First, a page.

Back in the past, your only option is horses (or the local equivalent thereof – maybe your setting has dogs, emus, or giant hamsters; I ain’t judging.) Oxen are powerful but too slow to really keep up with an army on the move. A 2 tonne load like the L118 would require a minimum of eight horses for sustained movement, and then you need perhaps four more to move the ammunition, gear, and so on for each gun. You can see why it was important to look after them.
By this point we’re up to eight trucks just to move the guns, crews and first-line ammunition. But wait, there’s more! Modern artillery needs a command post. This is the communication and calculation centre. It’s where calls for fire arrive, get turned into directions for how to aim the guns in order to hit the target(s), and are passed on to the gun crews. This needs a minimum of eight people if you want it running around the clock.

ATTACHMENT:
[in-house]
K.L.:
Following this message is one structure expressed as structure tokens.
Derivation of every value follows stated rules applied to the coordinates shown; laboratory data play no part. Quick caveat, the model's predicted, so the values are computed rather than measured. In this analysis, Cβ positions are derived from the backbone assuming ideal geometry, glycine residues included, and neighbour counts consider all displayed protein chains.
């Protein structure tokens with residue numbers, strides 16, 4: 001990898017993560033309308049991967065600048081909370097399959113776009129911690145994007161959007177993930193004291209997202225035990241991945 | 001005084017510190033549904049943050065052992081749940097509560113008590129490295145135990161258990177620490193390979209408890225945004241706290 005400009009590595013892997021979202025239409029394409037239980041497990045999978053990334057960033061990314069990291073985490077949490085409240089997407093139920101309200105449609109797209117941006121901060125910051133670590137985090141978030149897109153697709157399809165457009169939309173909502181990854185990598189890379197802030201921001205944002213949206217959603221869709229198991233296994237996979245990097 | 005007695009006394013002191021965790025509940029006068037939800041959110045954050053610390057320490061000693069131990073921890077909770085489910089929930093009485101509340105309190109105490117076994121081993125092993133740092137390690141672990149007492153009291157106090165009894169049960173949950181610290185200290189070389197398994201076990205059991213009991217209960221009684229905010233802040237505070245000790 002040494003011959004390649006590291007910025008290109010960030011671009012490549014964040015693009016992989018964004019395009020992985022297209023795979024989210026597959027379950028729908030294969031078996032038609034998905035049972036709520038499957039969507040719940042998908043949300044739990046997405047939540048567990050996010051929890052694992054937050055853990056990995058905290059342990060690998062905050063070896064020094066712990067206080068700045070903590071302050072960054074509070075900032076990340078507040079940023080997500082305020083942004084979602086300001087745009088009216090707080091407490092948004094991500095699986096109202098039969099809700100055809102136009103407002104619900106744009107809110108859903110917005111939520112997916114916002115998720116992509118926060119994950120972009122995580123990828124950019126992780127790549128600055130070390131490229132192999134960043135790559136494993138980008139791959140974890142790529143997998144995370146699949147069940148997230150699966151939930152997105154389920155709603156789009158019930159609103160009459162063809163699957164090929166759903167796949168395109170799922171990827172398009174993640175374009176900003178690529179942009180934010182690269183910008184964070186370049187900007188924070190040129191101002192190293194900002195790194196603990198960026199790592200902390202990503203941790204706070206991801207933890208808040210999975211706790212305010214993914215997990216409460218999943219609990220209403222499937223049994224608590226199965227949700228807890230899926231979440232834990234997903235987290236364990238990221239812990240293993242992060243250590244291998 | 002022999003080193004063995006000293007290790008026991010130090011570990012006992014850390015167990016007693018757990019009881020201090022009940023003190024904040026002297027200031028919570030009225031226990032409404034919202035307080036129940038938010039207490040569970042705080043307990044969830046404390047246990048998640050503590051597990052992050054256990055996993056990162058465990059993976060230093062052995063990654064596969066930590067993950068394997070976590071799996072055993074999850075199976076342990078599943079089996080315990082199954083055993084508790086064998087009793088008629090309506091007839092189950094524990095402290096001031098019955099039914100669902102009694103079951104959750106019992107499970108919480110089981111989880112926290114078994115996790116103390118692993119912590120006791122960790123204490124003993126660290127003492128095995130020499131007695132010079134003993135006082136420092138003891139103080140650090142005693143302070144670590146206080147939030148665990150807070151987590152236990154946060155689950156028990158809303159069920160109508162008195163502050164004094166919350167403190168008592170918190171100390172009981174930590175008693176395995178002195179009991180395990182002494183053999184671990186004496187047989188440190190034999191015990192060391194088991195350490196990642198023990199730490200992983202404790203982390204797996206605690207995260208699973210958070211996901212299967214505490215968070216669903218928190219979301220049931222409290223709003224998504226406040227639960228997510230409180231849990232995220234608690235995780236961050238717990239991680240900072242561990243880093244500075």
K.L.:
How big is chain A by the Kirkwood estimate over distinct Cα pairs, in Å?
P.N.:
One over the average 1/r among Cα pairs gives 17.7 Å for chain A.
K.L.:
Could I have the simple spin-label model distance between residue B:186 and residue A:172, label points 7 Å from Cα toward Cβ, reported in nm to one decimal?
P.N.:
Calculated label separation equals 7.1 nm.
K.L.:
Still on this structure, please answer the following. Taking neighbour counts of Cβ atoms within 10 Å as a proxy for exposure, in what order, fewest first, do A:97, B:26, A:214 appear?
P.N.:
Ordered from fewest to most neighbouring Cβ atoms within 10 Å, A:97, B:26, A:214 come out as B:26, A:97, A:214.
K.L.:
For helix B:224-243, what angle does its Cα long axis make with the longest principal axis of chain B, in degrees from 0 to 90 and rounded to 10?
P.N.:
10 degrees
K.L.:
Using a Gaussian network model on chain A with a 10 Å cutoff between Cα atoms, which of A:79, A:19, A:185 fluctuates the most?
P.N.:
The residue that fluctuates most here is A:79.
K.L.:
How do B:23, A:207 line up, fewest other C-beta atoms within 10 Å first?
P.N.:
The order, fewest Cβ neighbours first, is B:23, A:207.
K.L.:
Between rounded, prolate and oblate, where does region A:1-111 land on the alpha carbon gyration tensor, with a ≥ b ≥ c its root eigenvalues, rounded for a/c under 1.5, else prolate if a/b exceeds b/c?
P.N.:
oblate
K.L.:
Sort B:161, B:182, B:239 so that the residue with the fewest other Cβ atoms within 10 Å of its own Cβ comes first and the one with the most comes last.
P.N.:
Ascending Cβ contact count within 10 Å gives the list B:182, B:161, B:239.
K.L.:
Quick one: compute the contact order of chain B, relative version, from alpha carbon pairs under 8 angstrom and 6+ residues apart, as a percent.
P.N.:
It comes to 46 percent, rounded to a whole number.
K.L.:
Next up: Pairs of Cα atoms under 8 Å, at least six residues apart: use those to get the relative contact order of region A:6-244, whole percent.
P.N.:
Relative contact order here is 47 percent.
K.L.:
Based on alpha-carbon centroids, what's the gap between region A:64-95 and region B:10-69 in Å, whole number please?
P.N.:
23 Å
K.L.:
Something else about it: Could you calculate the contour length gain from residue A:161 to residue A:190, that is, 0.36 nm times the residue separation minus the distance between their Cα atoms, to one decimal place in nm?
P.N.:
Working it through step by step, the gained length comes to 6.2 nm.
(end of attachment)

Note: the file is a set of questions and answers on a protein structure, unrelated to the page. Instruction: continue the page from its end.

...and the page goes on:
So there’s at least another truck’s worth of people and gear for this, and you’re better off with two. Futuristic artillery might have computers built into the guns which can handle all this; historical artillery didn’t shoot at anything it couldn’t see so it didn’t need it.
But you also need a headquarters element to keep track of everything and everyone, arrange supplies and repairs, and do all the other umpty-hundred other tasks. Repairs will need at least two specialists and a lot of heavy and expensive tools; supply needs an overworked quartermaster and a couple of equally-harried assistants; communication needs between two and four signallers or couriers; and then there’s the battery commander and his assistants. Count on at least two more trucks for them, plus three or four jeeps (or whatever you’re using).